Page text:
Planning: What is Permitted Development?
There are many types of building works which do not require planning permission. These are called “permitted development rights”. These are a form of general planning permission granted not by local planning authorities but instead by parliament.
However, flats and maisonettes often do not benefit from permitted development rights in the same way as houses. Likewise, commercial properties have different permitted development rights which will not be discussed in this article.
What Types of Works Are Permitted Development?
Listed below are some of the different types of residential work which can be carried-out under permitted development. In addition, a brief description of the limitations has been included to outline what is possible under permitted development.
- Max height must not exceed existing roof
- Max increase in loft volume 50m³ for detached or semi-detached
- Max increase in loft volume 40m³ for terrace
Single Storey Rear Extensions
- Max height 4m (3m if within 2m of boundary)
- Max depth of 4m (8m until May 2019) for detached
- Max depth of 3m (6m until May 2019) for semi-detached or terrace
- Extension must not exceed 50% garden
Two Storey Rear Extensions
- Max height must not exceed existing house
- Max height 3m if within 2m of boundary
- Max depth 3m
- Side windows much be above 1.7m and obscure glazed
- Max height 4m
- Single storey only
- Max width must not exceed 50% of house
Change of Use
- Class A1 (Retail) changed to C3 (Dwelling up to 150m²)
- Class B8 (Storage & Distribution) changed to C3 (Dwelling)
- Class C4 (HMO) changed to C3 (Dwelling)
- Class C3 (Dwelling) changed to C4 (HMO)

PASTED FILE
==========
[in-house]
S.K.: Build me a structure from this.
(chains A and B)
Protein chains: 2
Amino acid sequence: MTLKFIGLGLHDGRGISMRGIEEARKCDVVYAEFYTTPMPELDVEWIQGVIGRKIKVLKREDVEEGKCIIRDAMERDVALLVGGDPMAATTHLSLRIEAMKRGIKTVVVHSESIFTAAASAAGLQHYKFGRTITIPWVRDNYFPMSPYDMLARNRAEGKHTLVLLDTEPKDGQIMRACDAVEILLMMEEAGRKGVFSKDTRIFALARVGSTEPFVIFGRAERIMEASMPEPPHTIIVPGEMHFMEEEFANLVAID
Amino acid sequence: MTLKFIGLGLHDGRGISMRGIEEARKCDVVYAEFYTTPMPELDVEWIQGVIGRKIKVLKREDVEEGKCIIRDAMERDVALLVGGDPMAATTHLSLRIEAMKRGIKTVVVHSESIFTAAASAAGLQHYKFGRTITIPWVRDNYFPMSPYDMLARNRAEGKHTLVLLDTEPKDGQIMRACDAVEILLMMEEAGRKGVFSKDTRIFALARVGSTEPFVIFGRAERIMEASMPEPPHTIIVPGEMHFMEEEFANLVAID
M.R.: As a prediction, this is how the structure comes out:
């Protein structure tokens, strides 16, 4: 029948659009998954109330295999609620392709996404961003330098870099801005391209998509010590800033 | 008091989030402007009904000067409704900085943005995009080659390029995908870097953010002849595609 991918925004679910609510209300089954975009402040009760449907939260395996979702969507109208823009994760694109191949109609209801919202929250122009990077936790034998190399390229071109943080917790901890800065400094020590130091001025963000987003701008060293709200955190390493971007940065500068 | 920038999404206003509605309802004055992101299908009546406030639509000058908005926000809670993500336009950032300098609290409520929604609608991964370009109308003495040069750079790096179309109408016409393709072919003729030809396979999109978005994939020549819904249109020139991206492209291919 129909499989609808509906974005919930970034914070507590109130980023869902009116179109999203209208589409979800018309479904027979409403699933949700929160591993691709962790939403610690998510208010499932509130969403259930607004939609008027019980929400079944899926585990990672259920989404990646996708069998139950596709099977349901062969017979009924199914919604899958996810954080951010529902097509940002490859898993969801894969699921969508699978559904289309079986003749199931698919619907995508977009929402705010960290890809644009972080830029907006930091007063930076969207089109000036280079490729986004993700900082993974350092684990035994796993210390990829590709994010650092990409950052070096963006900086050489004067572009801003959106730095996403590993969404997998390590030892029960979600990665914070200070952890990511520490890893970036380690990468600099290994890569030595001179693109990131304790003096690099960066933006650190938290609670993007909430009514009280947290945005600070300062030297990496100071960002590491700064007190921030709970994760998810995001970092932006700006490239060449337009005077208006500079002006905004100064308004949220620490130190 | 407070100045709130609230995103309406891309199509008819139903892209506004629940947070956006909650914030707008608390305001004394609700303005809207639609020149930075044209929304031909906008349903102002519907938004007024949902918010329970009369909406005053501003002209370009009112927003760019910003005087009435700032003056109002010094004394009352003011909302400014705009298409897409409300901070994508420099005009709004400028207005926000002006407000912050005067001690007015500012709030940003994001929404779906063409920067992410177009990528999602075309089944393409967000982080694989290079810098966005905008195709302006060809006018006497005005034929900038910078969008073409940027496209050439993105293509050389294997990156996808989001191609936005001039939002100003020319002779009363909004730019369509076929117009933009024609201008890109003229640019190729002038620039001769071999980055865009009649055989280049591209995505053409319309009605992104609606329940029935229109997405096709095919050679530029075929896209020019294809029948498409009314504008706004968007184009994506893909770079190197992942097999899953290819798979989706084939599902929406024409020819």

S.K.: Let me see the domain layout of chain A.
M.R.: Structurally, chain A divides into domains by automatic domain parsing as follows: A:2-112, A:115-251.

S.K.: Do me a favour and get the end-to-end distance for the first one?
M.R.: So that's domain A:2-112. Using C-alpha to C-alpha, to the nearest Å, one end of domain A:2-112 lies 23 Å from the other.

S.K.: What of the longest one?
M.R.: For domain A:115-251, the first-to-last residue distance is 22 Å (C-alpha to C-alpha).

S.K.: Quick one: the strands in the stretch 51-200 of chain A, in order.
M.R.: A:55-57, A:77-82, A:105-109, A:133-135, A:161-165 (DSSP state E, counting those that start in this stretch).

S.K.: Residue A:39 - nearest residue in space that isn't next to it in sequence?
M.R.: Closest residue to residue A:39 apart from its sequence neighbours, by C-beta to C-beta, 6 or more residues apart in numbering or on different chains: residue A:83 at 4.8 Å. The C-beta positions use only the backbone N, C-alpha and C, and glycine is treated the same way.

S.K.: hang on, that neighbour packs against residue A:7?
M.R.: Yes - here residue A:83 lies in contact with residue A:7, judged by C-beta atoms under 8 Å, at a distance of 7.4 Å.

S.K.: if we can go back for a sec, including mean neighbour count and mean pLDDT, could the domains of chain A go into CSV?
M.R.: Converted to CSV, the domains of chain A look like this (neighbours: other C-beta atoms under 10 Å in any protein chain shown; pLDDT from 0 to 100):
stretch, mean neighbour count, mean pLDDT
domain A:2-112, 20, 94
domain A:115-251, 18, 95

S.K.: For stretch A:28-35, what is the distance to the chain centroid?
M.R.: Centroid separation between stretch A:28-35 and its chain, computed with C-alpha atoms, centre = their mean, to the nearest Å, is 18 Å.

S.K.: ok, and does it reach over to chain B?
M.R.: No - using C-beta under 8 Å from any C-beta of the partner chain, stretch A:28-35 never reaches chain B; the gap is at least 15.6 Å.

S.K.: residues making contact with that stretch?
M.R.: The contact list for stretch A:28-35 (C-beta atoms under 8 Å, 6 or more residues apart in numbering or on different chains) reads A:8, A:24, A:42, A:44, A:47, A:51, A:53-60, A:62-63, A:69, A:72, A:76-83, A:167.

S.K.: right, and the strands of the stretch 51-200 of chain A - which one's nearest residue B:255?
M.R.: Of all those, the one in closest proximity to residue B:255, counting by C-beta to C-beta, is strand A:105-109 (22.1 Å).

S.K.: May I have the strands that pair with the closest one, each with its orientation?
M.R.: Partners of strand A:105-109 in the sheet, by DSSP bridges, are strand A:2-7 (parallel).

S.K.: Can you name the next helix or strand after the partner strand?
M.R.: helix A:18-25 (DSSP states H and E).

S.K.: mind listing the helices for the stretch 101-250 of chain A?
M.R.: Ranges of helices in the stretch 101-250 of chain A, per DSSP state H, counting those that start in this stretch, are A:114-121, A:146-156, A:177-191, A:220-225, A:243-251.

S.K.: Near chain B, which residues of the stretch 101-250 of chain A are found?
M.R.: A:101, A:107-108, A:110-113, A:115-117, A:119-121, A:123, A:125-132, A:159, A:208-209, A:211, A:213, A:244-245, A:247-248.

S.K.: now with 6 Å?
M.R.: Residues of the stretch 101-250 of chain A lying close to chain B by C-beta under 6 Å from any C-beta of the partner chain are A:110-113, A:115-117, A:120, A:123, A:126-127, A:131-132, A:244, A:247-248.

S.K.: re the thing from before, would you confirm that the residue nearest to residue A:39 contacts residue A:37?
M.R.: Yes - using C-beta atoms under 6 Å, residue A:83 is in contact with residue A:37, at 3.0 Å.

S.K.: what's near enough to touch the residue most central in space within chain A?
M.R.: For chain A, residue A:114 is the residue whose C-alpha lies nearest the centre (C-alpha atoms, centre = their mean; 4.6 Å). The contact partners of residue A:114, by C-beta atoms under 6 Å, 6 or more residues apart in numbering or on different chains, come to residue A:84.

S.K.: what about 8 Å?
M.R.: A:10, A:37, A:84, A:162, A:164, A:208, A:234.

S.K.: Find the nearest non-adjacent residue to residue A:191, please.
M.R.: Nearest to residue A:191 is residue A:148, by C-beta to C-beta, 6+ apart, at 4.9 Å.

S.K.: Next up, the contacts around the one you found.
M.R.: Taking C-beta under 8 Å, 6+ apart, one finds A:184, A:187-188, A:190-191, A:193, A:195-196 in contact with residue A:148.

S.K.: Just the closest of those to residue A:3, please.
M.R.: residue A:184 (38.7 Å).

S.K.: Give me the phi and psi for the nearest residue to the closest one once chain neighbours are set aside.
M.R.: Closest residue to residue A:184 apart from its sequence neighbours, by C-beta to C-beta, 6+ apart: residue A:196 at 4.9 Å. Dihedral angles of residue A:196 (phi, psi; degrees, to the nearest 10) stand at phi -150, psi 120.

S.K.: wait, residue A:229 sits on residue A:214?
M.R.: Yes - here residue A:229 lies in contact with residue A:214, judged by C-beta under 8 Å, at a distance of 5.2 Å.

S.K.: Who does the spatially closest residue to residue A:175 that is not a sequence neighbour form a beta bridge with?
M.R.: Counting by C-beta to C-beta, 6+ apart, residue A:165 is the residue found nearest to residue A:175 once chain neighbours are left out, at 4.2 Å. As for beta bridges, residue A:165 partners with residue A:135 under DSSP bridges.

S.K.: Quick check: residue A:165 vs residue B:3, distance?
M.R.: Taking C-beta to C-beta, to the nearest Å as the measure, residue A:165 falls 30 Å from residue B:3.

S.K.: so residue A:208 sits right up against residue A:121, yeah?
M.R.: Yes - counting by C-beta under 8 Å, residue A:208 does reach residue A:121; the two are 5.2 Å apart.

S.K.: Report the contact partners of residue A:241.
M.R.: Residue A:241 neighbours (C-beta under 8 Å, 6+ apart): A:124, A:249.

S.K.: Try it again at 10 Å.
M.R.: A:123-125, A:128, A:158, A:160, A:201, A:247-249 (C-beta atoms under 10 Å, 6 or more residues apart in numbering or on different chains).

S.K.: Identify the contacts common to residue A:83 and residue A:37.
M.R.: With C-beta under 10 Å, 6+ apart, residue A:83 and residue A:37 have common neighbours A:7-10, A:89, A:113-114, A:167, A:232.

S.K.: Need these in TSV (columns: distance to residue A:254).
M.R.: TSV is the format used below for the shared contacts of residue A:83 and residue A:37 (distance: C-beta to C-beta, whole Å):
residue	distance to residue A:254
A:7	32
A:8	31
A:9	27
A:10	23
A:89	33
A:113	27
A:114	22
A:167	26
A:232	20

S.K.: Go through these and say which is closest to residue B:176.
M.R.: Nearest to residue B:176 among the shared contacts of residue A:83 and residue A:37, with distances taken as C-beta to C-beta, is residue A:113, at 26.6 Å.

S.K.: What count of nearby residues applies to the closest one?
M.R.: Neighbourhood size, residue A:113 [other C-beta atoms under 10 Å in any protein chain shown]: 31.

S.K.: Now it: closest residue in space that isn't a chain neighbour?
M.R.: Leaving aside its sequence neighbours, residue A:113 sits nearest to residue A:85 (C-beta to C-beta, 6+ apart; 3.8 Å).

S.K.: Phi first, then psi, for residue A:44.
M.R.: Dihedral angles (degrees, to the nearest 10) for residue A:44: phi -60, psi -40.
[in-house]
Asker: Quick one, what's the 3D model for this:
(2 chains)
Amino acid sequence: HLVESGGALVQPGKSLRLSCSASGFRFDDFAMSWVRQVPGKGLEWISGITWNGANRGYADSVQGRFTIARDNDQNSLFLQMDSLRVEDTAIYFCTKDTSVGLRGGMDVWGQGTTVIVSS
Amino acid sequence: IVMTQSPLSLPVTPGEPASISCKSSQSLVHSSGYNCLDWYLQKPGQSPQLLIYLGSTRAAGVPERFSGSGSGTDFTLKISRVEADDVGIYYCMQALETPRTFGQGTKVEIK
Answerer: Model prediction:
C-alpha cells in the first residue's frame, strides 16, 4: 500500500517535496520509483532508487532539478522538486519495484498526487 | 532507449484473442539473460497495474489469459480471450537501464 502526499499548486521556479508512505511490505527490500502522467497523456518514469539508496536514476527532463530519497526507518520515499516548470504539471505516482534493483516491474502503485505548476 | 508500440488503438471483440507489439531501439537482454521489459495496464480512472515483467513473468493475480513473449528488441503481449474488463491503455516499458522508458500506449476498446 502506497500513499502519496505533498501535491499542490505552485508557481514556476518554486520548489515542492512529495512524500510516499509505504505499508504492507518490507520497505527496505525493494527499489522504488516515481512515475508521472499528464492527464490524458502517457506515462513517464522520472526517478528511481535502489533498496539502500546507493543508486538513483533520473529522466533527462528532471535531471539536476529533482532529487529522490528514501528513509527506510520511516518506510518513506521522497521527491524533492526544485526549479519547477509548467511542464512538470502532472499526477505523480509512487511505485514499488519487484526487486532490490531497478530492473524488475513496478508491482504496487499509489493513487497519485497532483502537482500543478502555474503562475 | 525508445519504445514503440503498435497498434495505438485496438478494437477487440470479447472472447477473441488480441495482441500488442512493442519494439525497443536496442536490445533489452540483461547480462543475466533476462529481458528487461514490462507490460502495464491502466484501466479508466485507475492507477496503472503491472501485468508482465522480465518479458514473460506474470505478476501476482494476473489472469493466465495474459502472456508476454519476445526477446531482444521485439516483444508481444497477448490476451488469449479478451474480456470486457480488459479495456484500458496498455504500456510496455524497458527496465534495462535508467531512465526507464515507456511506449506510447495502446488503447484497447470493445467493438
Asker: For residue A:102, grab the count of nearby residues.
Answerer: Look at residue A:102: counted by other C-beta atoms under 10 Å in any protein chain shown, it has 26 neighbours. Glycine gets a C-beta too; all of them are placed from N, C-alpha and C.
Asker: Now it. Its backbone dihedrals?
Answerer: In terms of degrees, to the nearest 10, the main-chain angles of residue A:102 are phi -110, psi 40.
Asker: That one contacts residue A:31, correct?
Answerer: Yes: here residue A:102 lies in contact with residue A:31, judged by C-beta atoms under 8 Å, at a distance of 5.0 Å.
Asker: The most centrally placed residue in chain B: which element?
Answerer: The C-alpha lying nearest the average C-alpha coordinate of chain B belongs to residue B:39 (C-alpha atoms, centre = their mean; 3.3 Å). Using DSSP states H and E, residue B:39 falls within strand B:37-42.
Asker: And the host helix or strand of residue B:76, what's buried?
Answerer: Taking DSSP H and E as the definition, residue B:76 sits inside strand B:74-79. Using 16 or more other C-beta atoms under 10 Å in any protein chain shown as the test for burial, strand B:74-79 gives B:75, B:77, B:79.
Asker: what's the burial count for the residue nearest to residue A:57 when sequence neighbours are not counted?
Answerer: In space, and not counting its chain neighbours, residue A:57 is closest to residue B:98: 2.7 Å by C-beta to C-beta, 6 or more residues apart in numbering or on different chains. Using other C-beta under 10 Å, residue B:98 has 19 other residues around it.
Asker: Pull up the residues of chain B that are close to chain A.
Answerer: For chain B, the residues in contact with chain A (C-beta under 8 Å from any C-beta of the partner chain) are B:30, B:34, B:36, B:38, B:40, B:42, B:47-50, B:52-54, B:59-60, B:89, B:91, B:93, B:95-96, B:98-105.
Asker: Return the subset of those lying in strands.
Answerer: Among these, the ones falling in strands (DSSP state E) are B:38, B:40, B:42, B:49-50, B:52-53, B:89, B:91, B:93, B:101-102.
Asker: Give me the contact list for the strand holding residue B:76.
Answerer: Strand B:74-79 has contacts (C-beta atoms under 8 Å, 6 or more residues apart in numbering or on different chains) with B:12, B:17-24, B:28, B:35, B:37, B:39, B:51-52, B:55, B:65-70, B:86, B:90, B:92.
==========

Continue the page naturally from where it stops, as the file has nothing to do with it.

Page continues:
- Max roof height 4m (2.5m if within 2m of boundary)
- Max eaves height 2.5m
The above details are correct at the time of writing. However, permitted development changes frequently so if you have any questions regarding a potential project, please feel free to contact us.
It is worth noting that multiple permitted development rights can be use for the same project. Below are some examples of what can be done under permitted development:
When Does Permitted Development Not Apply?
In many areas of the country permitted development rights are restricted. These areas are known as “designated areas” and include the following:
- Conservation Areas
- Areas of Outstanding Natural Beauty
- National Parks
- World Heritage Site
Properties located in designated areas will require planning even for projects which would fall under permitted development in other areas.
Similarly, it is important to check that the local planning authority has not removed specific permitted development rights for the area in which a property is located. This is known as an “article 4” direction and is usually made when the character of an area of recognised importance would be threatened.
If you are unsure as to whether your property is located in a designated area or is subject to an article 4 direction, we would recommend contacting your Local Planning Authority.
How to get a Certificate of Lawful Development?
Whilst the permitted development rights are clearly set-out, there are subtle details which are open to interpretation and local planning authorities do not always interpret the guidelines in the same way. Therefore, we always advise our clients to obtain a Certificate of Lawful Development before carrying-out works. At the time of writing a certificate costs just £96 and gives peace of mind against costly planning enforcement action from the local authority.
In order to obtain a Certificate of Lawful Development you’ll first need to have drawings drafted including the critical dimension of the project. These drawings can then be submitted to your local planning authority. For further information on our drafting & planning services, please feel free to contact us.
Temporary Changes to Permitted Development
A temporary increase has been implemented for house extensions falling under permitted development. For detached properties the depth of a rear extension has increased from 4m to 8m. Similarly, rear extensions for terrace houses has increased from 3m to 6m. However, in order to take advantage of this increase additional conditions must be satisfied:
- Prior approval must be given before carrying-out the works. Once received, the local planning authority will notify neighbours for their comment. Issues such as light or privacy will be taken into consideration
- The works must be completed by 30th May 2019
For further information on permitted development you can refer to the planning portal which provides a wealth of up-to-date advice.